It's not Hindi at all. It's Bengali. Those languages are as different as Spanish and Italian. They don't even look the same, because they use very distinct, albeit related, scripts.
Bengali, which along with Assamese uses the Bengali script (duh), looks like this:
প্রত্যহ প্রভাতকালে ভক্ত এ কুকুর
স্তব্ধ হয়ে বসে থাকে আসনের কাছে
যতক্ষণে সঙ্গ তার না করি স্বীকার
করস্পর্শ দিয়ে ।
Hindi on the other hand uses the Devanagari (aka Nagari) script, as do Marathi, Nepali, Sanskrit, and some flavors of Konkani. Devanagari looks like this:
प्रत्यह प्रभातकाले भक्त ए कुकुर
स्तब्ध हये बसे थाके आसनेर काछे
यतक्षणे सञ्ग तार ना करि स्वीकार
करस्पर्श दिये ।
The Bengali lines are the first four lines of Tagore's poem, of course. The Devanagari lines are simply a letter-for-letter transliteration of the Bengali. The Bengali and Devanagari scripts are pretty much exactly equivalent; each letter in the one has a counterpart in the other, so transliterating between the two is a cinch.
Note that this is a transliteration, not a translation. The lines would not be meaningful in any of the languages that use the Devanagari script. Some of the words would be, either because of the Sanskrit-derived vocabulary common to many Indic languages (e.g., ভক্ত / भक्त / bhakta, which means a devotee) or by happenstance (e.g., তার / तार / taar, which means "his" in Bengali but also means "metal string" or "wire" in pretty much any Indic language; a Hindi speaker looking at the above transliteration would misrecognize तार as "wire").
In iTrans, the lines would be rendered as follows:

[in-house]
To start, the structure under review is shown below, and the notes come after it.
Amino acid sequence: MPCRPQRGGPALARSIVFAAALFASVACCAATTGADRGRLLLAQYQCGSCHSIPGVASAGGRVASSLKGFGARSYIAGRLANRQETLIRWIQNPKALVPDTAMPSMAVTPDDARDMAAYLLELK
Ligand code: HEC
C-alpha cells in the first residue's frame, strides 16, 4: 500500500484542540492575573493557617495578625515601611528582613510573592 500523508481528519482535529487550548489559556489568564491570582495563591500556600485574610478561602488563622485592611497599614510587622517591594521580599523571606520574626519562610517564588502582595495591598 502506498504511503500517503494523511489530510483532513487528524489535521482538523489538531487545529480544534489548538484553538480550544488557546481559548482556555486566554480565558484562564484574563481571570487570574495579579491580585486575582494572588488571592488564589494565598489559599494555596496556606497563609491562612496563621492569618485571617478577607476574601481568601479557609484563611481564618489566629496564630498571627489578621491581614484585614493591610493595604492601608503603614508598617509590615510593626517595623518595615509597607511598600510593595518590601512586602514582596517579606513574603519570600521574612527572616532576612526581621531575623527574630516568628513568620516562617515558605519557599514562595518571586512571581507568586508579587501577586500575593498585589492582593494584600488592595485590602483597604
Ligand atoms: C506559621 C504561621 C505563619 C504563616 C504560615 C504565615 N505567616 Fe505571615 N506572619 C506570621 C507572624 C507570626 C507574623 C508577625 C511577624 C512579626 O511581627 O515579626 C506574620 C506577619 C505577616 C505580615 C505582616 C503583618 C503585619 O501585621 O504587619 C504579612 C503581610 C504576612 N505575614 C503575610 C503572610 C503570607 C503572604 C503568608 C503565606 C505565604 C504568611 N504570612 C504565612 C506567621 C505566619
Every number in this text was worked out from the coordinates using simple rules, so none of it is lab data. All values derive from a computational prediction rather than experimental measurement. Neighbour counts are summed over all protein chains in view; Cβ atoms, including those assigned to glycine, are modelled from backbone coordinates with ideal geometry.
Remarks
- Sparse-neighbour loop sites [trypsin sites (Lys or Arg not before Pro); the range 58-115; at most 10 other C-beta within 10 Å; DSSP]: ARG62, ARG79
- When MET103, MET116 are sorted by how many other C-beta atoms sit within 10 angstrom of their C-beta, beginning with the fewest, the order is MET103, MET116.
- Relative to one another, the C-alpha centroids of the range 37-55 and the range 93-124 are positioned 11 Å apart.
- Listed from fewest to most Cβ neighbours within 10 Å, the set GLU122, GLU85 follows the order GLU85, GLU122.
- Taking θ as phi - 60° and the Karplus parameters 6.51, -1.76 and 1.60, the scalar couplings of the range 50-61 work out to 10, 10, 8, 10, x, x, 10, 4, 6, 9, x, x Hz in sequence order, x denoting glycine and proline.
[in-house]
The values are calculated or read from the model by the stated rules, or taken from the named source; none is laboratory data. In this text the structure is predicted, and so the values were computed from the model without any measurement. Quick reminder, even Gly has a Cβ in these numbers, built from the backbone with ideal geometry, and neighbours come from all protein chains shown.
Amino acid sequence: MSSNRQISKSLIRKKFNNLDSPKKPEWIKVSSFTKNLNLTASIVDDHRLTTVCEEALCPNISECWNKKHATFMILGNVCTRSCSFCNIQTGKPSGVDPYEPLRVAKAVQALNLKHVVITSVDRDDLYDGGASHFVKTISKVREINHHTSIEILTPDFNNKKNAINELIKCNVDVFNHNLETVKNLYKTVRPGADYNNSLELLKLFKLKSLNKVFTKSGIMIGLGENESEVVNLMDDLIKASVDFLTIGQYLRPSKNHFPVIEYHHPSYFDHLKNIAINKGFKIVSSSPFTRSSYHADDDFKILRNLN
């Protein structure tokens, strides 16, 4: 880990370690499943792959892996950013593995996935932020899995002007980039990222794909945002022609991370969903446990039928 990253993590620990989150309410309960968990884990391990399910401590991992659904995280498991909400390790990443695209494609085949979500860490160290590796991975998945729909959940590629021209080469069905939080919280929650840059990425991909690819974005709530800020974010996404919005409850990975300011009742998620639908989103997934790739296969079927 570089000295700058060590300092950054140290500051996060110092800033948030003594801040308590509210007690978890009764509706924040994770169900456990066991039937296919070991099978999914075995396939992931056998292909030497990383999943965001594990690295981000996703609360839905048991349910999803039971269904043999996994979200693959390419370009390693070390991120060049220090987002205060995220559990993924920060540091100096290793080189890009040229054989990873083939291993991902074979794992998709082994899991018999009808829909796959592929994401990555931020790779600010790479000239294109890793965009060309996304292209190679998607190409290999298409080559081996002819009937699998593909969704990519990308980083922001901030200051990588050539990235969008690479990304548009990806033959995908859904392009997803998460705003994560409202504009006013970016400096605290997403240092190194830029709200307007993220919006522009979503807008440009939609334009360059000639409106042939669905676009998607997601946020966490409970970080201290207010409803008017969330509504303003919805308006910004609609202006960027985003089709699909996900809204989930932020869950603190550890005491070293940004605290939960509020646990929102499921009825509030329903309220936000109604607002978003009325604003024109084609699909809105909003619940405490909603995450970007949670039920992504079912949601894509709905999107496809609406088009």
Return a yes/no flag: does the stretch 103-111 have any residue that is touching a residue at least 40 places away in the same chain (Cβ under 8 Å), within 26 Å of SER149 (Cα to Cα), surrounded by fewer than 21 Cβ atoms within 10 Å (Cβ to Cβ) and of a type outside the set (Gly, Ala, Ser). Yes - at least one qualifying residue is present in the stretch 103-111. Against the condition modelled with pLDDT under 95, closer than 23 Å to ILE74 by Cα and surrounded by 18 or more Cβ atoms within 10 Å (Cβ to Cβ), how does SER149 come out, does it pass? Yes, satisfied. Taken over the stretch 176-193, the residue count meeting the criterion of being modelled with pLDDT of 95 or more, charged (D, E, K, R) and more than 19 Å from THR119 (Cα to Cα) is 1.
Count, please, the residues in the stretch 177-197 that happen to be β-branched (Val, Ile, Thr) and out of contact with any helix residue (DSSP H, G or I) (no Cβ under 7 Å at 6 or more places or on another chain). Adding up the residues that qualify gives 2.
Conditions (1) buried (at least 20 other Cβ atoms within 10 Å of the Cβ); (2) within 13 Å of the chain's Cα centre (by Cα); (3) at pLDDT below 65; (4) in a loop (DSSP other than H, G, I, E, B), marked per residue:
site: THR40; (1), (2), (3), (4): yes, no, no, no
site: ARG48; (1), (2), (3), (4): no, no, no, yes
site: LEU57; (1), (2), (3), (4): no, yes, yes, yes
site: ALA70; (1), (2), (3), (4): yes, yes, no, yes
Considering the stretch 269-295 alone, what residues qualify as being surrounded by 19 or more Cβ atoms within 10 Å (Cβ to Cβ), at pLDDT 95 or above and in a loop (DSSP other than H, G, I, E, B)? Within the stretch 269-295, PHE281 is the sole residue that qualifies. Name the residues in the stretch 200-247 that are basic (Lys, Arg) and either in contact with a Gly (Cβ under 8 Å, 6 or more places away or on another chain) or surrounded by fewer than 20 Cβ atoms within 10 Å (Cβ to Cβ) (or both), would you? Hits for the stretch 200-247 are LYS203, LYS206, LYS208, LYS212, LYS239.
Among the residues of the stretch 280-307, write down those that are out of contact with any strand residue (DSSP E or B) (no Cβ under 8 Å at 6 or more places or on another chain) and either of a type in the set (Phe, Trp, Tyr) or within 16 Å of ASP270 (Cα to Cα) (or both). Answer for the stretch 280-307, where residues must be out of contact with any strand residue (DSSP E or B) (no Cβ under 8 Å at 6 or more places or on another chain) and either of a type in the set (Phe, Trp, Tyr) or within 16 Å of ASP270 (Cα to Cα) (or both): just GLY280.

pratyaha prabhaatkaale bhakta e kukur
stabdha haye vase thane aasaner kaachhe
yatakShaNe sa~nga taar naa kari sviikaar
A literal translation would be:
Every dawn this devoted dog
silently stays seated by [my] seat
for as long as I don't accept his company
by patting him.
The poem was published in Tagore's 1941 Bengali collection আরোগ্য (आरोग्य / aarogya, meaning Convalescence). Tagore wrote original works in both Bengali and English. He also wrote a cycle of 22 poems, ভানুসিংহ ঠাকুরের পদাবলী / bhaanusi~Nh Thakurer padaavalii, in a pastiche of Brajabuli, imitating the Vaishava Padavali tradition that flourished in the 15th through the 17th C. He frequently translated his own Bengali poems, stories, etc. into English as well. He did not, however, write in Hindi. Many of his works have been translated into Hindi by other hands, but cursory Googling didn't turn up a Hindi translation of this poem.
I don't know why Translated Labs and AllPoetry think this is Hindi. Or at least I do: because ethnocentrism. But that's an explanation, not an excuse. Considering that Hindi and Bengali are each spoken by literally hundreds of millions of people, and are both among the top ten languages spoken worldwide, it's a pretty shocking mistake. The world is simply jam-packed with speakers of those languages, and those websites can't find a single speaker of either to verify which one this is?
It's mind-boggling that the web should be propagating such an indefensible error, and it's good to be able to clear it up. Thanks for this question and asking me to answer it.
Obligatory disclaimer: My Bengali is dreadful, and the translation of the four lines given above probably has deathless howlers in it, so it's strictly AYOR and corrections are welcomed.
Tangentially relevant funny story: my late husband had quite the gift for languages. He began learning Hindi in his forties. He had just mastered the Devanagari script when he and I went to watch Satyajit Ray's মহানগর (Mahanagar, The Big City), at an arthouse cinema. The titles came on and I noticed he was peering at the screen with an increasingly puzzled expression. I leaned over and whispered "It's Bengali." A look of relief came over his face as he remembered that Bengali uses a completely different script from Hindi.